If you’re anything like me, you’ve probably heard lots of distance coaches, running columnists, exercise physiologists, and running store employees urging us all to run slower on our easy runs. The reasoning is simple: the slower you run on your easy days, the better you will recover and will be more prepared to run a hard workout later. Also, you actually improve during the recovery phase, so it makes sense to run as easy as possible to ensure that your body actually recovers instead of breaking down even more.
This is all well and good, and I try to take this to heart. As I have improved over the years, my easy run pace has certainly declined. For instance, when I was in college, and barely a 17:30 runner, I would typically run around 7:00 pace for most of my runs. Now that I am in the low-16-minute range, it is very unusual for my easy runs to be faster than 7:20 pace, and my recovery runs can be as slow as 9:00 pace.
Recently, however, I read something that even further reinforced the idea of running slowly on easy days. First, let me preface this by saying that I have actually been wearing a heart rate monitor for my runs in the past week. I did this because I am re-building my mileage after taking a week off, and I donated blood in that off week. So I want to be careful about making sure my runs aren’t overly taxing, because I am lacking some red blood cells, and running more than I have in a few months.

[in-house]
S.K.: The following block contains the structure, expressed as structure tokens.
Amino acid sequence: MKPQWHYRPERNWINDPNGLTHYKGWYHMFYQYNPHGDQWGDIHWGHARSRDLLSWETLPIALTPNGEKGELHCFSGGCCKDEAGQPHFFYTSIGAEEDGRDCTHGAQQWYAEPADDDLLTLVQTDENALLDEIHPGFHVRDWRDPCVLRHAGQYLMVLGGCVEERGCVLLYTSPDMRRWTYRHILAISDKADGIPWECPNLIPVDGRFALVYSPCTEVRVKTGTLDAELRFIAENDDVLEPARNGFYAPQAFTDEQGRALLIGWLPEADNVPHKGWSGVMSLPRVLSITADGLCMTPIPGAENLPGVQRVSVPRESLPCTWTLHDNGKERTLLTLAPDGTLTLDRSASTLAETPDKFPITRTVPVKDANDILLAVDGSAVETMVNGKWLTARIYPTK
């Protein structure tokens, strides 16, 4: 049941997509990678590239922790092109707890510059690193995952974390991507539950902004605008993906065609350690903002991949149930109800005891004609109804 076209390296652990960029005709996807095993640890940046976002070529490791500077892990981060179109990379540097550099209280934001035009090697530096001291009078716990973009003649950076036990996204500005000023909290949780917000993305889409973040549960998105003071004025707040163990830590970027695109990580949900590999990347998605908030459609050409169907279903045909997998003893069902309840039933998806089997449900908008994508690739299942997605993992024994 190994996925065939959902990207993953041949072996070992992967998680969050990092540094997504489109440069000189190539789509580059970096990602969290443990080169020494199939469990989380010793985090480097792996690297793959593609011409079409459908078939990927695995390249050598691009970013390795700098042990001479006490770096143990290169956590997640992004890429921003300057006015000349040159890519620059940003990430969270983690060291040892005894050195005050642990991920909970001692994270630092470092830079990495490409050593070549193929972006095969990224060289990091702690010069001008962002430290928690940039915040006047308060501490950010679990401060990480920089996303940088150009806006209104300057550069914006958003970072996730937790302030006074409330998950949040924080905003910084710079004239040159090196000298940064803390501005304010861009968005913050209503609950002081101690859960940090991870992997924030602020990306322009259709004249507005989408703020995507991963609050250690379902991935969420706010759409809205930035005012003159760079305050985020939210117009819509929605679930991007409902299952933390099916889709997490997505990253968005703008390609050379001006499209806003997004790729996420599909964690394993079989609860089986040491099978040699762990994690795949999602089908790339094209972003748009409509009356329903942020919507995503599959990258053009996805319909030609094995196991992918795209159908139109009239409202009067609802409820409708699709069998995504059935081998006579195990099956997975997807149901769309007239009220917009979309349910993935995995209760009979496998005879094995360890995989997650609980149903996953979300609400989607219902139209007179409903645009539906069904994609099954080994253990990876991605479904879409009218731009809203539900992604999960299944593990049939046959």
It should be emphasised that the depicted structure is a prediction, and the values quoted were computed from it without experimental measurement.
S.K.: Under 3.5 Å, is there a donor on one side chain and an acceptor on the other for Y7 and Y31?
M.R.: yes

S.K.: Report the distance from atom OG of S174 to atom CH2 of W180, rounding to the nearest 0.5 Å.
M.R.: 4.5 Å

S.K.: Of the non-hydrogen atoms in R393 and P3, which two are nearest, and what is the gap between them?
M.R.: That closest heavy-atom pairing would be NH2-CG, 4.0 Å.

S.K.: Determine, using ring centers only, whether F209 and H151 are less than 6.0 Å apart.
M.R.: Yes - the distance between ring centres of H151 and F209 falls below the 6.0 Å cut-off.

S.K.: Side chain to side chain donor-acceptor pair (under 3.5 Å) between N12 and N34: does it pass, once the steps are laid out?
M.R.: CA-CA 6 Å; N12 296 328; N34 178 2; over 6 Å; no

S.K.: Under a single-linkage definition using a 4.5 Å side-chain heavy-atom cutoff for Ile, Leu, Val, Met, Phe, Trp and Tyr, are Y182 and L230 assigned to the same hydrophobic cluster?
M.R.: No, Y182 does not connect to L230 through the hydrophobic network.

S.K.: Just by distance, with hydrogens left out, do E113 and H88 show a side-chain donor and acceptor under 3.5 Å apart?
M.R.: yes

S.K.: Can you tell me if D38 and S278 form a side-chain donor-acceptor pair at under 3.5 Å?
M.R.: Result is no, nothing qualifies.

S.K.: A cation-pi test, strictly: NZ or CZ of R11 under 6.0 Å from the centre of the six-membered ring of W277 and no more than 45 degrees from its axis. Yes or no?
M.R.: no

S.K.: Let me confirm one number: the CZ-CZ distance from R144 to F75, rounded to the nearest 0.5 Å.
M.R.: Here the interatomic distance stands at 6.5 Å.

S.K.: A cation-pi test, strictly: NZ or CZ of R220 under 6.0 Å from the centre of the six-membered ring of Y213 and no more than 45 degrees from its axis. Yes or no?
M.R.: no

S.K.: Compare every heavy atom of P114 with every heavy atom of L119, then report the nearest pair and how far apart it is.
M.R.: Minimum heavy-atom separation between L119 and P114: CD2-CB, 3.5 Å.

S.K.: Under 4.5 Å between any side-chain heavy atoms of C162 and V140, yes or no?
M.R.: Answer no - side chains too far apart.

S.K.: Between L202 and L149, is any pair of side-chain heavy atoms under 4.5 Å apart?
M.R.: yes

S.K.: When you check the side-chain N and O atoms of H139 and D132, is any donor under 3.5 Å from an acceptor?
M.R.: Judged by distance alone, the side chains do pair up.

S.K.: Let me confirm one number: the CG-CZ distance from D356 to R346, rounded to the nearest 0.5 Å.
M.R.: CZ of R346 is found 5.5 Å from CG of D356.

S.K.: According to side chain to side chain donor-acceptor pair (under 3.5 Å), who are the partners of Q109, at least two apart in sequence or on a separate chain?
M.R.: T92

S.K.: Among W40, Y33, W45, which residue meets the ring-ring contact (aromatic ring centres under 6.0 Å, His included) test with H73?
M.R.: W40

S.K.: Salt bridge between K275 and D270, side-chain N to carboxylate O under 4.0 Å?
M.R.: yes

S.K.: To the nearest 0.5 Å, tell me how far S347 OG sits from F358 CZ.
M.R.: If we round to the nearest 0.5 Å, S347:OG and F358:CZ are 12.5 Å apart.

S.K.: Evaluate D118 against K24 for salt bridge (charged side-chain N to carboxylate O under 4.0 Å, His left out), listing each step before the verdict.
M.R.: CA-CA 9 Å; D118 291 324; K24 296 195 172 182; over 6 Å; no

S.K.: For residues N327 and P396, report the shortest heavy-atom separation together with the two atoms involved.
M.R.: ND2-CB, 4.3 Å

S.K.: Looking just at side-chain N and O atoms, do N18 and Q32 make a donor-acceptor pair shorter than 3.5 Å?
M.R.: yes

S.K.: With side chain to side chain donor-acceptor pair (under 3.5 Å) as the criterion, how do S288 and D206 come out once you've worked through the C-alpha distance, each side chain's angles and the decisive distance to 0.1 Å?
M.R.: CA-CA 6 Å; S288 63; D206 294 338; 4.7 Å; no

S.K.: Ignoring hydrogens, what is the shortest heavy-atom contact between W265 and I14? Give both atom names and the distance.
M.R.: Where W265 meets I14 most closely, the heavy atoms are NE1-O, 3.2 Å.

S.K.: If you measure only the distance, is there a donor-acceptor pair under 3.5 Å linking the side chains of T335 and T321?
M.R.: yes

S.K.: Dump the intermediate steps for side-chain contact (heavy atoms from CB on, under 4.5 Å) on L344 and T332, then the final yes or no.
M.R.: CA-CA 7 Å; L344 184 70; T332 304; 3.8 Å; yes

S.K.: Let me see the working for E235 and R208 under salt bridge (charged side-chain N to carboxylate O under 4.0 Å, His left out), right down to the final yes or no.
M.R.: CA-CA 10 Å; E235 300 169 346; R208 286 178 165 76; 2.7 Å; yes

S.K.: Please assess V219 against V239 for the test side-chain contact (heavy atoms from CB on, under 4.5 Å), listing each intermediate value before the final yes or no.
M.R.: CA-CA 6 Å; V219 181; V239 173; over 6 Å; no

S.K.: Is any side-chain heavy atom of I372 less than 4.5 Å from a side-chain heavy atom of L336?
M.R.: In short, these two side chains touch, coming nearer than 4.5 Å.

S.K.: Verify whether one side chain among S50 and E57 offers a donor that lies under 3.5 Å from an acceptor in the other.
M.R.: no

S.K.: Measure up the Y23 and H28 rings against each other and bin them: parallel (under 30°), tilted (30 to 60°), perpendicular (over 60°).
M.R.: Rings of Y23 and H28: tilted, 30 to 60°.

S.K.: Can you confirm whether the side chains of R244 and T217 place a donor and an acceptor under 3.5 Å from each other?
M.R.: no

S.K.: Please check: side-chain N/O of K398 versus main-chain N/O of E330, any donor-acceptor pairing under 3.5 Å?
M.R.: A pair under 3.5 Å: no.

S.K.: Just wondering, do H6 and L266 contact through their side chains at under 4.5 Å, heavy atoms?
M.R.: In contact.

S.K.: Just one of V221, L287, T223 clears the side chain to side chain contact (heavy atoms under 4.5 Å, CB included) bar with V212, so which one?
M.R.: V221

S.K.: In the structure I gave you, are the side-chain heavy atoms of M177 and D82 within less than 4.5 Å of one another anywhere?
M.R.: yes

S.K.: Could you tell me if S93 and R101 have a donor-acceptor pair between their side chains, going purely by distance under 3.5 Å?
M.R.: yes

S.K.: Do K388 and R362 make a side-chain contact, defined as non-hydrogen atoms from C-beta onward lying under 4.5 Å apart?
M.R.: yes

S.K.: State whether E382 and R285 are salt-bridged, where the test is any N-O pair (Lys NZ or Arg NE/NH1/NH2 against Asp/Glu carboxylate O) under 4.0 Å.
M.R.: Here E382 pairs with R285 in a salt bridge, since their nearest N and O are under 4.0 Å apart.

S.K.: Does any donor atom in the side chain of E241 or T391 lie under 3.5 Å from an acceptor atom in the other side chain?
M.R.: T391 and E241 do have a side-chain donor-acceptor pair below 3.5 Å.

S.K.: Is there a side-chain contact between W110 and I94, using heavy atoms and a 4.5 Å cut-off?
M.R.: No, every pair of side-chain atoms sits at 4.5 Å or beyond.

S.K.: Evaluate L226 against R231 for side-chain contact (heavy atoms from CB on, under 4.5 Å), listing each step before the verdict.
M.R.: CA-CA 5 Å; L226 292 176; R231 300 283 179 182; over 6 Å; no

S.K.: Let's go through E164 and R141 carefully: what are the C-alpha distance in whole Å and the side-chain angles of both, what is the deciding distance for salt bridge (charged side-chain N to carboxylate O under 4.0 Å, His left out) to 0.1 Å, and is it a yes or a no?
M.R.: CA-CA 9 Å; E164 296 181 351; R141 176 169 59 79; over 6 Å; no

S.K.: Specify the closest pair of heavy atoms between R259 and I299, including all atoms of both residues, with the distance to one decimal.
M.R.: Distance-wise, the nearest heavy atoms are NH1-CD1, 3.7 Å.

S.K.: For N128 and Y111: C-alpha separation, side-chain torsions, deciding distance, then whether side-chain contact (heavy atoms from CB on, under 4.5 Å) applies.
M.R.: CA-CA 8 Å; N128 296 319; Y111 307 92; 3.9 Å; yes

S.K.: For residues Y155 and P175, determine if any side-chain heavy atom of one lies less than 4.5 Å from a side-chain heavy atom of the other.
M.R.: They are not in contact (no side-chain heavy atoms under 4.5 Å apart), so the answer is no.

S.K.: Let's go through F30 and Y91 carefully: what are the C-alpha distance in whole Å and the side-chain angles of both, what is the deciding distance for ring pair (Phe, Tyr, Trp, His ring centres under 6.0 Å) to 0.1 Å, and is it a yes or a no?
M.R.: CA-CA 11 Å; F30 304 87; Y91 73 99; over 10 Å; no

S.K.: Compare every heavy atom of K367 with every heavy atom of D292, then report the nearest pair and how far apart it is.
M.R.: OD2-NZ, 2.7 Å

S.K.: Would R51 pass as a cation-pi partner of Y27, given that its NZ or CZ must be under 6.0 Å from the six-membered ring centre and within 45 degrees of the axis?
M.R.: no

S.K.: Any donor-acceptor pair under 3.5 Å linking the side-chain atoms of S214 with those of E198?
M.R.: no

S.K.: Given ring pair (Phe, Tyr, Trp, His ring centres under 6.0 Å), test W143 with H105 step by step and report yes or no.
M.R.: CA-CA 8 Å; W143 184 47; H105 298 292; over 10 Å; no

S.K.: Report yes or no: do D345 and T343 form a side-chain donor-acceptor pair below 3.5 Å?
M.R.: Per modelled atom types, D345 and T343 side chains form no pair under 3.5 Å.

|Yeah I look like this|
With the understanding that I am, for once in my life, thinking in terms of heart rate, consider a hypothetical runner. Let’s call him something generic like Matt. This Matt character has an aerobic zone of 130-150bpm.
A heart rate of 130 equates to an 8-minute mile, 140 is 7:30, and 150 is 7:00. That means that while his heart rate is in that zone, he is increasing his aerobic fitness and becoming a better runner. Distance running, after all, is 90% aerobic and 80% mental. Matt runs 70 miles per week at an average pace of 7:00 per mile. That means he is running for 490 minutes, or 8 hours and 10 minutes, at an average heart rate of 150bpm, at the upper end of his aerobic zone.
Suppose there is another runner, identical in physiology and fitness as Matt. Let’s call him something completely different, something that nobody would ever confuse with Matt. How about George? George also runs 70 miles per week, but he runs them at 8:00 pace, which takes him 560 minutes, or 9 hours and 20 minutes. He is still within the aerobic zone that he and Matt share, but he is realizing an additional 70 minutes of aerobic exercise!
This is exciting stuff, right? Both are increasing their aerobic fitness, but George is doing over an hour of additional stimulus! But wait, there’s more! As we all know, the slower you run, the farther you can go. So, George finds that he can now up his mileage to 80 miles per week without any undue stress. So now, he is running for 640 minutes a week, or 10 hours and 40 minutes! Compare that to poor old Matt, who still can only manage about 8 hours of running before he feels worn down. Who do you think will be the better runner in three months? Well, nobody can actually say, because this is a hypothetical situation and Matt and George are figments of our imagination.
Now this little mental exercise is of course not real life, and in reality, things are never this simple. But, the fact remains, that as long as you stay in your aerobic zone, whatever that may be, running slower will definitely allow you to incorporate more time running, and might enable you to increase your mileage as well. Plus, the easier pace will cause you to recover from your hard workouts and races better too. It’s a win-win situation!